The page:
In typical concrete-topped steel deck floor construction, deck installation and floor concrete placement must be completed before stud walls above the floor elevation may be constructed. This typically delays subsequent wall construction to allow for the curing of the floor concrete.

For the foregoing reasons, there is a need for an economical system way for constructing steel stud walls on top of fluted steel floor deck prior to placement of floor concrete.

BRIEF SUMMARY OF THE INVENTION

In one aspect, the present invention is a composite joist-and-deck floor construction system featuring the use of “shear-connection-ready” open-web steel joists (hereinafter referred to as “SCR-OWSJs”), and in which shear connectors are fastened to the SCR-OWSJs after steel deck has been placed over the SCR-OWSJs. In a preferred embodiment of the system, each SCR-OWSJ is fashioned by attaching an elongate continuous steel cap plate to the top of the top chord of a conventional OWSJ (such as by welding, or other structurally effective fastening means). The field-installed shear connectors may be of any suitable type, spaced as required in accordance with well-known structural design principles. For example, the shear connectors may be conventional headed shear studs (e.g., Nelson studs) resistance welded or manually welded to the SCR-OWSJs through the steel deck, or shear connectors field-applied to the SCR-OWSJs through the steel deck using power-actuated or powder-actuated tools. Since the shear connectors are field installed after the floor deck is in place, the deck can be continuous over the SCR-OWSJs, rather than having to cut at each joist and supported on shelf angles.

Practical benefits available using the SCR-OWSJ floor construction system of the present invention include:

    • Increased joist capacity and floor stiffness-or, alternatively, the ability to use lighter and more economical joists to achieve required structural strength and stiffness-through composite construction;
    • Greater economy and faster installation of steel deck by virtue of continuity of steel deck over joist supports; and
    • Easy adaptability to any type of conventional OWSJ and shop practice

The SCR-OWSJ floor system of the present invention (the “SCR-OWSJ system”) may be used as a floor joist system by itself, or may be readily adapted for use with composite steel beam and load-bearing wall construction systems including but not limited to those described in Canadian Patent No. 2,407,253.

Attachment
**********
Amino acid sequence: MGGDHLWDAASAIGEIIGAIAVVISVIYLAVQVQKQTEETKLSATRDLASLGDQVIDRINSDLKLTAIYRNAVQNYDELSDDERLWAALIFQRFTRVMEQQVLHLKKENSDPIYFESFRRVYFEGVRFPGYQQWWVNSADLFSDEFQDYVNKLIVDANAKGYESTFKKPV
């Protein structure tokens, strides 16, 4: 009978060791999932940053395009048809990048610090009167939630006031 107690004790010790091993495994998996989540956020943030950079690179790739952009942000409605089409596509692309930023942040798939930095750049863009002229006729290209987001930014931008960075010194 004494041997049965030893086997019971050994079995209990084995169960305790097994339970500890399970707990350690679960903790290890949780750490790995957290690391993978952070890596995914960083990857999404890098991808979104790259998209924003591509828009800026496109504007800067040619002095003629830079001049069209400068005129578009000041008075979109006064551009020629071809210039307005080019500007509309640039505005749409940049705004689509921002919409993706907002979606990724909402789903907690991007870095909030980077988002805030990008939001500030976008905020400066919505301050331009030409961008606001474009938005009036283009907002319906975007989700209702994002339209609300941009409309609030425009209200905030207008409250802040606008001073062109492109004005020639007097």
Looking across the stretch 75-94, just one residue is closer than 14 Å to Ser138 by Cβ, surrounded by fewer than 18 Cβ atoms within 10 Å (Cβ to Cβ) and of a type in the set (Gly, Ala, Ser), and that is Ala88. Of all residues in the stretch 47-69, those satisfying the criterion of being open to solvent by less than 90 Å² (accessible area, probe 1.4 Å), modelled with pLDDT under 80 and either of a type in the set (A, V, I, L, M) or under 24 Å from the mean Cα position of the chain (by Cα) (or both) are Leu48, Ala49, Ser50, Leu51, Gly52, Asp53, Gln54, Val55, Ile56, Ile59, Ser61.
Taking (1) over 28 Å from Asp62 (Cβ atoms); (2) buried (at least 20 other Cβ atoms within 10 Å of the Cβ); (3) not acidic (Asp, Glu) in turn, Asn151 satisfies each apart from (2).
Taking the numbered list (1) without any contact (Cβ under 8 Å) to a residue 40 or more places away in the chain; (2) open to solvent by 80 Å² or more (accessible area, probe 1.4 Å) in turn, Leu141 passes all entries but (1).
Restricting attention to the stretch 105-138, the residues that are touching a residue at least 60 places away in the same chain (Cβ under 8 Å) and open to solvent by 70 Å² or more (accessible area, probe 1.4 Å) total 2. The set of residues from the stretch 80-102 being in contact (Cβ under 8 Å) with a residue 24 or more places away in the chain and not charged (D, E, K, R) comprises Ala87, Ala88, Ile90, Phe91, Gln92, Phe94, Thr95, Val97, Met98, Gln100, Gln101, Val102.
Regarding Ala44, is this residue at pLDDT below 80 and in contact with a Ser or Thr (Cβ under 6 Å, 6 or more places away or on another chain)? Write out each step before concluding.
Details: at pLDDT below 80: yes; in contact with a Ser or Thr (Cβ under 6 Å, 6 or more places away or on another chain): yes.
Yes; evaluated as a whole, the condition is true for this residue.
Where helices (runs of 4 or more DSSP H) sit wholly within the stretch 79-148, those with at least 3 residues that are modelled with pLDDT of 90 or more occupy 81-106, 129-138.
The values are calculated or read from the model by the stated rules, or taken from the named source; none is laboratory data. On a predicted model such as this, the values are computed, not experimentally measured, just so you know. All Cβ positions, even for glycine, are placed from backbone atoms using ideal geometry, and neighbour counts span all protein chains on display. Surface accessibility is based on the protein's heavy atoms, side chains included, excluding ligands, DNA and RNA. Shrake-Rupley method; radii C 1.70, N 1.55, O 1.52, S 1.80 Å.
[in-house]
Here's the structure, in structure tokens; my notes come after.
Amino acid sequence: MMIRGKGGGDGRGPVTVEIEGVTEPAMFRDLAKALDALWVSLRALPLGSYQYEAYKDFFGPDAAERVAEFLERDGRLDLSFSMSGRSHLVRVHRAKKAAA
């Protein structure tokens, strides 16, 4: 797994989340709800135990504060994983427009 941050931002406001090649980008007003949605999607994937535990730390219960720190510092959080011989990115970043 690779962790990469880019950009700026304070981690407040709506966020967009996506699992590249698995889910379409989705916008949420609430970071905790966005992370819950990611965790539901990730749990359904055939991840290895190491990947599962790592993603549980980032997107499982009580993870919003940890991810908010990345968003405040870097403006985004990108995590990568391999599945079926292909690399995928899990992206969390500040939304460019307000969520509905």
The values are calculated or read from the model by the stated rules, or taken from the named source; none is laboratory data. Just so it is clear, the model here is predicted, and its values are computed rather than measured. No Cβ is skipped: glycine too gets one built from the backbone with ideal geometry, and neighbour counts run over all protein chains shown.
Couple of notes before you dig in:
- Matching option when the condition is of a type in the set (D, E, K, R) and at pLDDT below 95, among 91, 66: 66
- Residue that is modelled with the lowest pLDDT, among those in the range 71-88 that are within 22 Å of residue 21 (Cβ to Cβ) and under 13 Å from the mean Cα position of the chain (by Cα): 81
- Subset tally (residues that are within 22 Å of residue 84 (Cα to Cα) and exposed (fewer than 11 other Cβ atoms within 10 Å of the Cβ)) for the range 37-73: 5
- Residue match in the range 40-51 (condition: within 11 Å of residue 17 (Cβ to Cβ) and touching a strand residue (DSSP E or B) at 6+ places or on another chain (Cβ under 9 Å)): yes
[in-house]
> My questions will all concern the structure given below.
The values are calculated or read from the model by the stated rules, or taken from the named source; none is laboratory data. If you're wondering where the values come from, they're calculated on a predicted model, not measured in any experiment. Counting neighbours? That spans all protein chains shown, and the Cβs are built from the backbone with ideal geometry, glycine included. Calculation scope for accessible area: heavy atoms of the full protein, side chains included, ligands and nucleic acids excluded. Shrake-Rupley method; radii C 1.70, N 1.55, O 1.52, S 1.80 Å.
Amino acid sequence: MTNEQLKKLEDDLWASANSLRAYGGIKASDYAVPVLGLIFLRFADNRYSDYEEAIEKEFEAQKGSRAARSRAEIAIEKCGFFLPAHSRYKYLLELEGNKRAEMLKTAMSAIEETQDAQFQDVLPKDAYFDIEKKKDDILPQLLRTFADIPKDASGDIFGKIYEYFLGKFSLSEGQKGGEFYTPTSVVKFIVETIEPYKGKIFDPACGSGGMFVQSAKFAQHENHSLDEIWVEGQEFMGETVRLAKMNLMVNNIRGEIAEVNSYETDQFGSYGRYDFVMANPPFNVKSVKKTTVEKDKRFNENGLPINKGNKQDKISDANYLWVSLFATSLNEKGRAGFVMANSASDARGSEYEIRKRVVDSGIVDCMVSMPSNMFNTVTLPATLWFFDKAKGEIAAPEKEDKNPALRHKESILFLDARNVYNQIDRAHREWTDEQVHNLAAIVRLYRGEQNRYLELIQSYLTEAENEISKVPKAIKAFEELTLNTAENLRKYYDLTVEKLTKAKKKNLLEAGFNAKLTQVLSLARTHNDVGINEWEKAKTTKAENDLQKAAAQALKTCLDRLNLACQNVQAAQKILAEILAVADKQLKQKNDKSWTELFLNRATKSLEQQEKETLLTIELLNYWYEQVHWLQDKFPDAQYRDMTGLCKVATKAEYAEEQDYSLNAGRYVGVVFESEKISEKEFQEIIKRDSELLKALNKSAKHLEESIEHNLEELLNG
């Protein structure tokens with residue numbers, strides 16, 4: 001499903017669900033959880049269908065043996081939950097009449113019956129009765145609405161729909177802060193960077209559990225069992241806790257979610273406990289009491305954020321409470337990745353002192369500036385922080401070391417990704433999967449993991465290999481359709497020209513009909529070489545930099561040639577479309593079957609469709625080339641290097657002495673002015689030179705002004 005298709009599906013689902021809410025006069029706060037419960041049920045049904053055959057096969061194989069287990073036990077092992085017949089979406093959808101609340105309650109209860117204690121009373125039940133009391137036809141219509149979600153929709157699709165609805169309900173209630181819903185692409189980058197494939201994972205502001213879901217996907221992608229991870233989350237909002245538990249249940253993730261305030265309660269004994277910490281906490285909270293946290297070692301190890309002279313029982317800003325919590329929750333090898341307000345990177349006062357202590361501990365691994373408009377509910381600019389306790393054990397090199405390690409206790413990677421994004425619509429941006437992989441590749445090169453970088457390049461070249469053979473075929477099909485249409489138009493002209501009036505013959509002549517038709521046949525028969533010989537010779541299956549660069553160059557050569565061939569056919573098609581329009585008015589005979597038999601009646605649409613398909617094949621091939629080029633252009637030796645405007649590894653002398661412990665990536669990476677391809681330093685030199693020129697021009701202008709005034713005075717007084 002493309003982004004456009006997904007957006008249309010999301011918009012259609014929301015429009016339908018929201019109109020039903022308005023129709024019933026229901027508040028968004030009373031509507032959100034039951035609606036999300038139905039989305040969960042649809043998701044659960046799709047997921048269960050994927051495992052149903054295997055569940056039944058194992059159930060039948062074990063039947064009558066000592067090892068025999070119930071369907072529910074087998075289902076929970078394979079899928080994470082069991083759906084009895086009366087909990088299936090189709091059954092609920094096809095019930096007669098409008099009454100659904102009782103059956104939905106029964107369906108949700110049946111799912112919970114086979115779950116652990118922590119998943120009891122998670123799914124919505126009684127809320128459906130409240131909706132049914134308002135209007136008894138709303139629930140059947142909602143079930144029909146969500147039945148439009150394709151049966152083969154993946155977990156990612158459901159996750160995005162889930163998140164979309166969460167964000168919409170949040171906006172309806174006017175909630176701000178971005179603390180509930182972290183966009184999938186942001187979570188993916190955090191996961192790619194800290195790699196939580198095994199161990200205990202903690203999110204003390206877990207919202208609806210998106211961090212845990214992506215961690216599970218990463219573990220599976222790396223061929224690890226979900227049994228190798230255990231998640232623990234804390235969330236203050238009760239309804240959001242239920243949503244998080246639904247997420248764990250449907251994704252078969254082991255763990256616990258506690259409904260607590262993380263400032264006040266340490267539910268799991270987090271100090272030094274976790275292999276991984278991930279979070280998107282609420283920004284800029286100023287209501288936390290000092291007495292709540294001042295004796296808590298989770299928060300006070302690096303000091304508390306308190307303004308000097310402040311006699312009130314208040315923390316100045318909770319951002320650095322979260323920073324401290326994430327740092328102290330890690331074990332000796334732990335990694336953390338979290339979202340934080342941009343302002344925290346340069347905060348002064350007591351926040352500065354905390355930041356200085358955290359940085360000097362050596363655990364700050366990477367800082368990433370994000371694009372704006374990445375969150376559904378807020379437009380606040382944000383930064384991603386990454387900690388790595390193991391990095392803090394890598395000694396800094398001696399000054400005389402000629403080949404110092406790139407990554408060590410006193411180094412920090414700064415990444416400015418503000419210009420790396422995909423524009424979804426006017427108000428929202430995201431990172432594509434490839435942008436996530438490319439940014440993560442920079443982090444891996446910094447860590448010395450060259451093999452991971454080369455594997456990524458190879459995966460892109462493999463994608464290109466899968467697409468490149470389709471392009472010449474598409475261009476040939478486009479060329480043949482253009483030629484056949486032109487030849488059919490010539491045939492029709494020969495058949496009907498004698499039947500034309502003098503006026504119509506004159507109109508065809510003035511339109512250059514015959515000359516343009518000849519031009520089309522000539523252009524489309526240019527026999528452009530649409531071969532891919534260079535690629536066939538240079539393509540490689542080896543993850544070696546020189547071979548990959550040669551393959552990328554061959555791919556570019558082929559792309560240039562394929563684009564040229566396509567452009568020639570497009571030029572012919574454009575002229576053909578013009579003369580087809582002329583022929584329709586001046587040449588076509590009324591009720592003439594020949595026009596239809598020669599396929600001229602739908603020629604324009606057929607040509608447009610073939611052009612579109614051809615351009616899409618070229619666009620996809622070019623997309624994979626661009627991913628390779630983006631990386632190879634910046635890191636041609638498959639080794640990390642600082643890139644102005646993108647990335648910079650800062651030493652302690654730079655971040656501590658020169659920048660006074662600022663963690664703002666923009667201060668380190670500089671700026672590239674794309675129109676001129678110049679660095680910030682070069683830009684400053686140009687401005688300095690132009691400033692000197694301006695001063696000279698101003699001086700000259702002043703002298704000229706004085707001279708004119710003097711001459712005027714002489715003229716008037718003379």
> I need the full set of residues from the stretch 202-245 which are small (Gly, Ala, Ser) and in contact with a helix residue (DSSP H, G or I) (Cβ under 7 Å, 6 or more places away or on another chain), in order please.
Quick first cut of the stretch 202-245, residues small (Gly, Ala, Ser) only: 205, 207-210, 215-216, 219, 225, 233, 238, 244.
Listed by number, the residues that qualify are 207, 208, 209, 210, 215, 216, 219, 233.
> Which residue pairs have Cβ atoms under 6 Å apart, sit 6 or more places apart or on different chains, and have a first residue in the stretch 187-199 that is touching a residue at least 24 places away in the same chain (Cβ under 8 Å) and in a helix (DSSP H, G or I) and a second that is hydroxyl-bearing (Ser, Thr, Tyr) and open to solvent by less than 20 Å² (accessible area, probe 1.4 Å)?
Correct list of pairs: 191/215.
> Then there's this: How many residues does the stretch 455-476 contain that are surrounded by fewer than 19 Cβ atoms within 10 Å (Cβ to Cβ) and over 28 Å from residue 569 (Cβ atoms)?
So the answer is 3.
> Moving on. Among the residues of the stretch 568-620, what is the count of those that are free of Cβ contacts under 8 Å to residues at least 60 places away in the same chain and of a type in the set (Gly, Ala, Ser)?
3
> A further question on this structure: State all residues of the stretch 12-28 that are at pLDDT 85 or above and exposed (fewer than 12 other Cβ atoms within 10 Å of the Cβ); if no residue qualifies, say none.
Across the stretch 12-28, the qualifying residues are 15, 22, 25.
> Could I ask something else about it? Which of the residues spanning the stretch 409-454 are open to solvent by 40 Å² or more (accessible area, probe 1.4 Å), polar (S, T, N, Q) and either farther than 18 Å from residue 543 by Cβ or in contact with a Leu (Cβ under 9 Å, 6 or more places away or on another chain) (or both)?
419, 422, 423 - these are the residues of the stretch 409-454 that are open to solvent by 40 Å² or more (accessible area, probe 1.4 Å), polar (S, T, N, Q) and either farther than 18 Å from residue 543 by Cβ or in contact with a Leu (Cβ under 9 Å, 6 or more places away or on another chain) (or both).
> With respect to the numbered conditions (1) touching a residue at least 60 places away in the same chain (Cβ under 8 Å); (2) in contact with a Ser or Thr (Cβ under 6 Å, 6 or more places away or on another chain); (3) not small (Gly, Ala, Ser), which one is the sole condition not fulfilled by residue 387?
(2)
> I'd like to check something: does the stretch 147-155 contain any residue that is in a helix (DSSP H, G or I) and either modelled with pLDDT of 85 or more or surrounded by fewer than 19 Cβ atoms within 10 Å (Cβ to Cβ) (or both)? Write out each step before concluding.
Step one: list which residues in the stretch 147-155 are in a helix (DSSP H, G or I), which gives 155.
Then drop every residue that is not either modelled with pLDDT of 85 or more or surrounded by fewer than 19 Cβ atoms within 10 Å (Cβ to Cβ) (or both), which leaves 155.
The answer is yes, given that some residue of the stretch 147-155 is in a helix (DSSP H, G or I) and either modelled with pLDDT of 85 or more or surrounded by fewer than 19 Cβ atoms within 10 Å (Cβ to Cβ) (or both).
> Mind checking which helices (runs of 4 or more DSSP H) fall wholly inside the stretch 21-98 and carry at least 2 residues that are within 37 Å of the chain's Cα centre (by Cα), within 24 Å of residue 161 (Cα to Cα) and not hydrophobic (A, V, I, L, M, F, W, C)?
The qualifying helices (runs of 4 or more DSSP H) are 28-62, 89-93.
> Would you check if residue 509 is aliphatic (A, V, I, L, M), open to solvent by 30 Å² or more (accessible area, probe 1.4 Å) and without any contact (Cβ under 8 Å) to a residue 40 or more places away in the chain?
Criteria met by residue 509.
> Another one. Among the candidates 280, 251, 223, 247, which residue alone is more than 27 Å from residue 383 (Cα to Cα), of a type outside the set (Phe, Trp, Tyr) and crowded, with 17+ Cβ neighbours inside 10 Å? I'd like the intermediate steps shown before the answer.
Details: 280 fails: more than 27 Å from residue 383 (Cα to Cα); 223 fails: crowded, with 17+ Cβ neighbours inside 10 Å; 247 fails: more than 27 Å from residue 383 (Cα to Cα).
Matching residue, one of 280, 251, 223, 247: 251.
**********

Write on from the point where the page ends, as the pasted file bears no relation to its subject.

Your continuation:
Preferably, the SCR-OWSJs incorporate joist seat extensions to facilitate direct bearings on support beams or walls, without need to interpose joist support elements between the joist seats and their support elements in order to achieve desired floor elevations. This facilitates the erection and positioning of SCR-OWSJs on the support beams or walls, since there are no obstructions (such as joist support elements or shear studs) present on the upper surfaces of these support elements when the SCR-OWSJs are being positioned. Shear connectors may be field-applied to both the SCR-OWSJs and supporting steel beams as required, using power-actuated or powder-actuated tools, after the SCR-OWSJs are in place. The advantages of this composite floor construction system include:

    • Structural steel framing members may be erected in accordance with common erection practices, allowing for high-rise construction;
    • The need for coordination between the structural steel and light-gauge steel trades is minimized; and
    • Respective responsibilities of the structural steel and light-gauge steel trades are clearly delineated.

In another aspect, the present invention is a composite steel stud wall construction system in which the conventional bottom and/or top tracks are replaced with tracks with perforations in the web, or with pairs of bent plates or steel angles, to allow reinforcing dowels to project from a concrete support element (such as a concrete foundation wall). Infill concrete is placed within the stud assembly to a desired height above the bottom track (as determined by structural design requirements), such that the lower ends of the studs achieve a significant degree of structural fixity. The result is a composite steel stud wall which can be analysed as an upper segment comprising the portions of the steel studs above the infill concrete, plus a composite segment comprising the infill concrete and the portions of the steel studs embedded therein, with effective structural continuity between the two segments.

The scope of the composite steel walls can be broadened by incorporating the current tilt-up construction or precast methods in their installation. In the tilt-up version, the light gauge steel component of the wall panels are either fabricated in a shop or site fabricated on flat, complete with the exterior cladding and window framing details. The concrete components are site cast into the light gauge steel stud wall panels in locations required by structural design. The wall panels are then tilt-up or otherwise lifted into place after the concrete has acquired the strength necessary to handle the stresses from the lifting operation. In the present version, all of the wall panel components are shop fabricated and delivered to site for installation.

Practical benefits available using the composite steel stud wall construction system of the present invention include:

    • Effective structural fixity of the steel stud wall, such that required structural stength and flexural stiffness can be provided using lighter studs than in conventional systems;
    • Ability to construct taller steel stud walls by varying the height of concrete embedment in the wall assembly;
    • Enhanced resistance to damage caused by impact from errant vehicles; and